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 uwe schrottke January 31, 2002 02:37

tetraeder or hexaeder grids

Hello together,

has anyone of you references to literature, papers or personal investigations that give me more information about the accuracy of tetraeder grids versus hexaeder grids and information where it is allowable to use one or the other?

Thanks

Uwe

 andy January 31, 2002 09:17

Re: tetraeder or hexaeder grids

There is no general answer to this question but a specific answer: the numerical properties of the particular solver you are using.

For example, for tetrahedrals with large angles or hexahedra which strongly depart from orthogonality most numerical schemes will generate negative off diagonal coefficients for the diffusion terms. In the presence of strong gradients in, say, dissipation of kinetic energy in shear layers this will lead to negative diffusion coefficients and the solution procedure rapidly diverging ("blowing up"). If nothing is done to "fix" the problem then one must avoid large angles and/or departure from othogonality in various parts of the flow field. If something is done to improve robustness, it is can (and often is) inconsistent in a mathematical sense (i.e. the numerical scheme is not an approximation of the diffusion terms anymore) and this leaves us where? Not necessarily with rubbish as an answer but one needs to take this into account when interpretting the solution. It is important know this sort of thing and with commercial codes the information is often not available.

The discretization for a hexahedral element may be a simple unstructured one which does not handle strong anisotropy in sensible manner. This is fairly common and largely defeats the point of using anisotropic elements like hexahedrals and prism in place of tetrahedrals. If you are using such a scheme it is useful to know.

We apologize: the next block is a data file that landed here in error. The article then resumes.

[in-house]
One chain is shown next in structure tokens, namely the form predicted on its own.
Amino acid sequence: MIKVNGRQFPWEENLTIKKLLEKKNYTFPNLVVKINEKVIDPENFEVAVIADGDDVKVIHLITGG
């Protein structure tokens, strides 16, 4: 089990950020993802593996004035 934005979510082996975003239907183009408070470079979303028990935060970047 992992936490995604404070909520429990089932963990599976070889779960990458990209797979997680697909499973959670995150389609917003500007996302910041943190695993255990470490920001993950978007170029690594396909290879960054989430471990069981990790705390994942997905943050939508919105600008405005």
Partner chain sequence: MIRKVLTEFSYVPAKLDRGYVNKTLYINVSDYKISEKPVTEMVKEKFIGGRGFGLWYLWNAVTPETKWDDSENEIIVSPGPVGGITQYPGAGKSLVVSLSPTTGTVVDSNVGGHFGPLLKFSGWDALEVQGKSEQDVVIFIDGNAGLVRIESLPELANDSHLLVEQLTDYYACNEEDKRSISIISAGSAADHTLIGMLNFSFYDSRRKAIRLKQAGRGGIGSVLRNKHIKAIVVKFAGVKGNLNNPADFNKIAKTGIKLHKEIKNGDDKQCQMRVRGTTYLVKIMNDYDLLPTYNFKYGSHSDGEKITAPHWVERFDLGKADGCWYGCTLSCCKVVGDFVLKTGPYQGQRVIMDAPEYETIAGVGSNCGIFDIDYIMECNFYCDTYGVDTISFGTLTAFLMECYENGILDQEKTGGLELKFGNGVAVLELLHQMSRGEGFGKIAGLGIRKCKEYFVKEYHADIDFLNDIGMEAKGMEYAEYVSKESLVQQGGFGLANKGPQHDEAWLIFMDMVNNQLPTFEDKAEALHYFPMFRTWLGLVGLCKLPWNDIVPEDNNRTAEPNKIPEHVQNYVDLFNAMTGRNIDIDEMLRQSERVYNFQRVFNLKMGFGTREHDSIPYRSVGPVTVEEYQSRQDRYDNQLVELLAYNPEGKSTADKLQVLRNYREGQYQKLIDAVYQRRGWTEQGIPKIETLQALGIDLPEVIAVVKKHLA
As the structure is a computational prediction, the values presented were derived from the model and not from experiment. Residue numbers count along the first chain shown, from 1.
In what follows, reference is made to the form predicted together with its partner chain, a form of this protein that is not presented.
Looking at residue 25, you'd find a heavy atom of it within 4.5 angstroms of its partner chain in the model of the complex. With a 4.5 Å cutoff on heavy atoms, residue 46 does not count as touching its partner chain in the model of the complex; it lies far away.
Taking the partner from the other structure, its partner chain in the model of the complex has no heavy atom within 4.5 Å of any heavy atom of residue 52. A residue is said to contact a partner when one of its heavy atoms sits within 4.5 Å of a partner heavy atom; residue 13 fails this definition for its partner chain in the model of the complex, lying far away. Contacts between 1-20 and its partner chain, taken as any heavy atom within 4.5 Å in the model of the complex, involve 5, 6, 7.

Of course, there are a host of other factors such as the smoothing, what the adaptation scheme can handle, etc...

The above does not mean that the gridding guidelines you are seeking do not exist but that they should come from the supplier of your solver. Guidelines for other solvers may not read across accurately and general solver-independent guidelines want interpretting with some caution.

By far the best guide you can have is for your solver to provide a conservative estimate of the error in the solution. Unfortunately, most commercial suppliers seem reluctant to do this. I wonder why?

 Tony February 1, 2002 06:03

Re: tetraeder or hexaeder grids

Dear andy, Do you have any idea or reference on fixing the problmes of approximating diffusion term on highly skewed element ?

 andy February 1, 2002 09:00

Re: tetraeder or hexaeder grids

You may have to look hard to find references. People rarely write papers about their kludges. Internal reports and Ph.D. theses might be a place to look. It tends to be the kind of information that resides in stable experienced research groups.

The type of kludge depends on the type of element, the type of numerical scheme and what one wants to achieve. The use of highly skewed elements generally indicates a low weighting given to accuracy. In which case writing the diffusion terms as the sum of orthogonal terms plus cross terms and simply reducing the cross terms when you are in trouble is a simple pragmatic approach. It is inconsistent though. Another approach might be to use two consistent schemes a "+" scheme and a "x" scheme. In cases where a single nodal value is causing trouble in an element (most cases) switch to the alternative scheme. Consistency maintained but can cause conservation problems. Also can be beaten by several awkwardly placed large values in the stencil.

If accuracy is required then replacing the skewed element is almost always going to be the wisest move.

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